Hansen (2006) describes a study to assess the migration and survival of salmon released from fish farms located in Norway. The mingling of escaped farmed salmon with wild salmon raises several concerns. First, the assessment of the abundance of wild salmon stocks will be biased if there is a presence of large numbers of farmed salmon. Second, potential interbreeding between farmed and wild salmon may result in a reduction in the health of the wild stocks. Third, diseases present in farmed salmon may be transferred to wild salmon. Two batches of farmed salmon were tagged and released in two locations, one batch of 1,996 fish in northern Norway and a second batch of 2,499 fish in southern Norway. The researchers recorded the time and location at which the fish were captured by either commercial fisherman or anglers in fresh water. Two of the most important pieces of information to be determined by the study were the distance from the point of the fish’s release to the point of its capture and the length of time it took for the fish to be captured.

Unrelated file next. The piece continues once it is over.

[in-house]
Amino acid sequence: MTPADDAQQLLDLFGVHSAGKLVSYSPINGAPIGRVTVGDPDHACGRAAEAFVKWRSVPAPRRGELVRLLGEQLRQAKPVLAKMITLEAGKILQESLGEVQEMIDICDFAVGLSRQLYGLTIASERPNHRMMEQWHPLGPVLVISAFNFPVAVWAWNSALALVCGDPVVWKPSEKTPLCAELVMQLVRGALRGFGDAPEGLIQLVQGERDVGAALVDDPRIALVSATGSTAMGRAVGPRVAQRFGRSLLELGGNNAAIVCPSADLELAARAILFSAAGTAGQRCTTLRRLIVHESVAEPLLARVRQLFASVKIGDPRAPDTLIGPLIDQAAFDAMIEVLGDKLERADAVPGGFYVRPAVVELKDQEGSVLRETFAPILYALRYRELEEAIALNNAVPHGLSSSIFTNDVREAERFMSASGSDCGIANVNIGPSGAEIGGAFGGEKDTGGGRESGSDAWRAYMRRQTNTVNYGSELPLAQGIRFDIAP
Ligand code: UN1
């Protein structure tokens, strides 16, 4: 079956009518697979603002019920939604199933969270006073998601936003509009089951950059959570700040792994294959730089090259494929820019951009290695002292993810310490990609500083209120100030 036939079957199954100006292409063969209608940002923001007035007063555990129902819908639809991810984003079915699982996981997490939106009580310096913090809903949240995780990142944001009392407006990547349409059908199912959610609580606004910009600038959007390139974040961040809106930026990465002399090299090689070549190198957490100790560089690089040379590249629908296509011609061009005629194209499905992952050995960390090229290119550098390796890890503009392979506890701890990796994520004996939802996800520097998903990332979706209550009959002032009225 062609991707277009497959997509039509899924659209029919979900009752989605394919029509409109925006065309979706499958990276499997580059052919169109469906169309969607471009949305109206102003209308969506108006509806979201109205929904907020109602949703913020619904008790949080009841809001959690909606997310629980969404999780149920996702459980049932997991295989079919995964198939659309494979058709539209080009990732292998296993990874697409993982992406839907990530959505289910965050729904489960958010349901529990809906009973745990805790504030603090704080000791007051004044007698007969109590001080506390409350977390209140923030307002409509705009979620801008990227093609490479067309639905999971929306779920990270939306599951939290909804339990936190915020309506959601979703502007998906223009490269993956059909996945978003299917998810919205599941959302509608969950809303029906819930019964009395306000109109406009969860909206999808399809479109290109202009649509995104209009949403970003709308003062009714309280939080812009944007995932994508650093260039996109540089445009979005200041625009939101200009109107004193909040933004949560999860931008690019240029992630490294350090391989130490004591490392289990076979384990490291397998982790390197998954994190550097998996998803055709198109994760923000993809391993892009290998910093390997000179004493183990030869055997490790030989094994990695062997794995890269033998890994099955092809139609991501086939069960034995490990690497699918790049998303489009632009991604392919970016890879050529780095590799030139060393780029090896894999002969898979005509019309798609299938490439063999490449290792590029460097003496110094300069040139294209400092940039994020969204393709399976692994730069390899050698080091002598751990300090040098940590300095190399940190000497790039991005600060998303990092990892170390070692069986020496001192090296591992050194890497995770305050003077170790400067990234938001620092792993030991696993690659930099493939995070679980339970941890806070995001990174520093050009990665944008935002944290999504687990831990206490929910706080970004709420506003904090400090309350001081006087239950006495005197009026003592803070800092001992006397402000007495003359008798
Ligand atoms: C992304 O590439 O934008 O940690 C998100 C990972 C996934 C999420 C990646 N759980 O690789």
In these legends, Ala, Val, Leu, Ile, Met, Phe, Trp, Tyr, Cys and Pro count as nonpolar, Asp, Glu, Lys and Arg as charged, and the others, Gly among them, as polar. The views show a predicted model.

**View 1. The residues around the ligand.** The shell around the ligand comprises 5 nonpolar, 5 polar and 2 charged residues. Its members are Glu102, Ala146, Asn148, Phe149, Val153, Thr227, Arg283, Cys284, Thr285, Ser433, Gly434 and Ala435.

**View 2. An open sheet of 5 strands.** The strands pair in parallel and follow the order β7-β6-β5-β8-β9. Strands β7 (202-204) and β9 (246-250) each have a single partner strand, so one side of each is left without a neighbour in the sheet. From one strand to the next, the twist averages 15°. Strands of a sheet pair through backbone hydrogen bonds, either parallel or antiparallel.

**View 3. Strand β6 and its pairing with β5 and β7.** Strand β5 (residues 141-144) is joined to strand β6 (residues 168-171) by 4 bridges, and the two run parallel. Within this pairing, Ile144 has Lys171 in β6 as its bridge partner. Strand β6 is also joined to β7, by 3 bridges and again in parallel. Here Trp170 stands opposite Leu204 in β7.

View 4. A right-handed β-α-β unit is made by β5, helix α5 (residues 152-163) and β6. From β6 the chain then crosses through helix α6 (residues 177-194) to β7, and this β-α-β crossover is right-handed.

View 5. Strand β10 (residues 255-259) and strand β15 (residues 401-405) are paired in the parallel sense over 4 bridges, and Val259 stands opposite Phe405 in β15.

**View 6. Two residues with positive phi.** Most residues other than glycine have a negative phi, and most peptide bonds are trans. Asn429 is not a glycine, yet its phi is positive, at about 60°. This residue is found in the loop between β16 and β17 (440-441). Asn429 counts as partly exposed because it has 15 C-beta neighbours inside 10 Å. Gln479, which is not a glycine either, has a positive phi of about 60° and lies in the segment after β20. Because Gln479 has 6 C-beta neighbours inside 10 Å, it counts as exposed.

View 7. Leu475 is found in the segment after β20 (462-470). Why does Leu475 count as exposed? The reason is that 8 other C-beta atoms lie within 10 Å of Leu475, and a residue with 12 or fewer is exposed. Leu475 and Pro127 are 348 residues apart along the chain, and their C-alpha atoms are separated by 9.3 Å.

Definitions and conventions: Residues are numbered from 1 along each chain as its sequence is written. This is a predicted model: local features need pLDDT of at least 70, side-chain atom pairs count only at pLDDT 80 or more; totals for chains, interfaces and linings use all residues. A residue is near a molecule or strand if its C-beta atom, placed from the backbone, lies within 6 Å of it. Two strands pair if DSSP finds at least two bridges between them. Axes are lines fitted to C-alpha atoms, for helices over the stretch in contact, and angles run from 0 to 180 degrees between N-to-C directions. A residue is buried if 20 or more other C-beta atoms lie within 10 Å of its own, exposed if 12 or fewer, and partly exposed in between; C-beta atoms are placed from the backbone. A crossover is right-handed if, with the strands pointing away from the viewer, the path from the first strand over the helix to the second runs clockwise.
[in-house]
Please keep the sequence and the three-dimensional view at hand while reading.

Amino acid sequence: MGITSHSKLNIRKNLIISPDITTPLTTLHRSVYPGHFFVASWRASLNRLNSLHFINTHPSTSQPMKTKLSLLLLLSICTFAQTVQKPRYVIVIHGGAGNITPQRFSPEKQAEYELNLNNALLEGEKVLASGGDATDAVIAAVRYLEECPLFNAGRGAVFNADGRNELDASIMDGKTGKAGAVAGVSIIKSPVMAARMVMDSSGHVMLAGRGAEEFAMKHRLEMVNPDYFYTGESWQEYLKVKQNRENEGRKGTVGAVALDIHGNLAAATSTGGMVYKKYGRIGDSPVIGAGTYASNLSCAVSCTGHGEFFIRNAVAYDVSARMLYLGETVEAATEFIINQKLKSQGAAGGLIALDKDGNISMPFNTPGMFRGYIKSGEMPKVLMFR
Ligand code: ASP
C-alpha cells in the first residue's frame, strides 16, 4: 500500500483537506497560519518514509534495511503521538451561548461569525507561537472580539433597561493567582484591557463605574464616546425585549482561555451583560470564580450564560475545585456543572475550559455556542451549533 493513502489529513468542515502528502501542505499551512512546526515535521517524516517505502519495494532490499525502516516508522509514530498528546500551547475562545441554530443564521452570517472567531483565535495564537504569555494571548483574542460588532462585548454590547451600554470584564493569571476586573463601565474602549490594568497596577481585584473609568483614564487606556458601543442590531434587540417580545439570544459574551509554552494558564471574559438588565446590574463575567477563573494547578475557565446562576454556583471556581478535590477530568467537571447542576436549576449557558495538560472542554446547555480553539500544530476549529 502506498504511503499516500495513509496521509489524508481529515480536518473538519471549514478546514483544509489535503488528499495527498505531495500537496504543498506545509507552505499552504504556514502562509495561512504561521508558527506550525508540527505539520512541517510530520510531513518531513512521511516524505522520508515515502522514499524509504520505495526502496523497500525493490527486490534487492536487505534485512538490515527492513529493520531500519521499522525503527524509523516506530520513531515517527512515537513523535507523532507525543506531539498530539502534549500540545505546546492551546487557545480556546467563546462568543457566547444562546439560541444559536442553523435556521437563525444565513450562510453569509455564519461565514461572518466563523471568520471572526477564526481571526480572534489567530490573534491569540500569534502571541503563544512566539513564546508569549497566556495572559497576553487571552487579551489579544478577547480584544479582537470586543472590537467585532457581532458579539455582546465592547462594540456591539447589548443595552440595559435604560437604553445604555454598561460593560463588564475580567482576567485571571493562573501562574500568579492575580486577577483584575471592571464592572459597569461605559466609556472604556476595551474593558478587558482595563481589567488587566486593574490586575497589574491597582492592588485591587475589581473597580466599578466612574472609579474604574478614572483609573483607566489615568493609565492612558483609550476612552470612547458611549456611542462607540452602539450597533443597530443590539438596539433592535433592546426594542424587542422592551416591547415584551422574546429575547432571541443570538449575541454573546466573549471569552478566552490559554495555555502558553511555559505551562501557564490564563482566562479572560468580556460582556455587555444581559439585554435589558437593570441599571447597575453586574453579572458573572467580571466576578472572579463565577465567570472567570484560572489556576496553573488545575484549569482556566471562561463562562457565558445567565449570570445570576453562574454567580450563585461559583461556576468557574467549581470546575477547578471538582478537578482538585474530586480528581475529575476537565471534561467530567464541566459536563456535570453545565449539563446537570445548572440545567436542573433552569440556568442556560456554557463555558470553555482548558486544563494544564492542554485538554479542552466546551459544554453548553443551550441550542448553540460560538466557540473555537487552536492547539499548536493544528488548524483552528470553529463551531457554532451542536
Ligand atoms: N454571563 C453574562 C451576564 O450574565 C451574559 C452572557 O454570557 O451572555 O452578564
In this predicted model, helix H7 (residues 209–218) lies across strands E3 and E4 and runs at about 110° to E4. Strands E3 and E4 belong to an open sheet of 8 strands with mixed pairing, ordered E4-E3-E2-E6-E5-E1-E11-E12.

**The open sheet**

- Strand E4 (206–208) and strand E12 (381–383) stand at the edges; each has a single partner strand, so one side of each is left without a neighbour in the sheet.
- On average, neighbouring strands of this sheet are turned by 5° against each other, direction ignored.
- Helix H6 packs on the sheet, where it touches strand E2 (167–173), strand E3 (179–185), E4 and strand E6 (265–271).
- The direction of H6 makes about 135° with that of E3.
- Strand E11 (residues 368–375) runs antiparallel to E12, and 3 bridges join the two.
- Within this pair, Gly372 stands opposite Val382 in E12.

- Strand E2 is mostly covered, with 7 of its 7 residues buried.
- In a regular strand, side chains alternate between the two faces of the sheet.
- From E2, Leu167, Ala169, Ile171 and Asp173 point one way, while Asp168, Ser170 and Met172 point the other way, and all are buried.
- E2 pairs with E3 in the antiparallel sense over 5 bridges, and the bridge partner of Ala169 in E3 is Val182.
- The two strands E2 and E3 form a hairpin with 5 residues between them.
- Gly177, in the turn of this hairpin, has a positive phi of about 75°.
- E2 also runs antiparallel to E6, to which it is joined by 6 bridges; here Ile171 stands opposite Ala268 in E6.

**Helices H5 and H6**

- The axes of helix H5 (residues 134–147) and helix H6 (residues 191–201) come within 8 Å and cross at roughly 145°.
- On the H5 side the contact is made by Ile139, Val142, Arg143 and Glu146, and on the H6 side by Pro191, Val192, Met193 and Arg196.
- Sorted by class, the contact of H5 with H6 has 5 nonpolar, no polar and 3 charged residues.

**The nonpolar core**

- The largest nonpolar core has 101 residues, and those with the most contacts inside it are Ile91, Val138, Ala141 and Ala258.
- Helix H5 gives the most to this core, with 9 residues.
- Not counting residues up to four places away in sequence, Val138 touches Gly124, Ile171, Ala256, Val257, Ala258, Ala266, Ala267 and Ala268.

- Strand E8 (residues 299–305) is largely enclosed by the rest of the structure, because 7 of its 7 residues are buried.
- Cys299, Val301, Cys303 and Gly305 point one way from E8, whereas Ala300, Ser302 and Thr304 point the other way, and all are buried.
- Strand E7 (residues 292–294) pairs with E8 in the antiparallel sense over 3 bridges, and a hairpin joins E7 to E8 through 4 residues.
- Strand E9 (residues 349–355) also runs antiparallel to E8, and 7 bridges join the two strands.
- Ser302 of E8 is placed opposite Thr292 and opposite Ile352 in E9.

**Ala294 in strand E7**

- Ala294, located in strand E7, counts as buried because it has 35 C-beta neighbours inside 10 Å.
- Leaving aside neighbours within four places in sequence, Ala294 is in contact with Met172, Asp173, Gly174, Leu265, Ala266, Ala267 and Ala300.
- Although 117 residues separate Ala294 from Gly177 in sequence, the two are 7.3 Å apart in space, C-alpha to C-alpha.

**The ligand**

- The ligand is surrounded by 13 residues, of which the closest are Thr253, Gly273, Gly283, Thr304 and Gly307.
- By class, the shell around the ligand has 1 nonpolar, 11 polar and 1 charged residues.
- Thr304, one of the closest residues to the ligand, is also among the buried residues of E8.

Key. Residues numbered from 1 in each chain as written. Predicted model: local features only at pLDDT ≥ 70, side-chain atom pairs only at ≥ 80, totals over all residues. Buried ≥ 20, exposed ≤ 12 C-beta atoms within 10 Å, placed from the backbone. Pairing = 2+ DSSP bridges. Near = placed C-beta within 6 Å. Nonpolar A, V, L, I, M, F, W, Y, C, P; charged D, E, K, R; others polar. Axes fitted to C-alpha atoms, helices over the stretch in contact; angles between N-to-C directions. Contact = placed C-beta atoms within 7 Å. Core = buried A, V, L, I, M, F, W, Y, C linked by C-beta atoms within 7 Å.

a. Identify the population that is of interest to the researchers.
b. Describe the sample.
c. What characteristics of the population are of interest to the researchers?
d. If the sample measurements are used to make inferences about the population characteristics, why is a measure of reliability of the inferences important?

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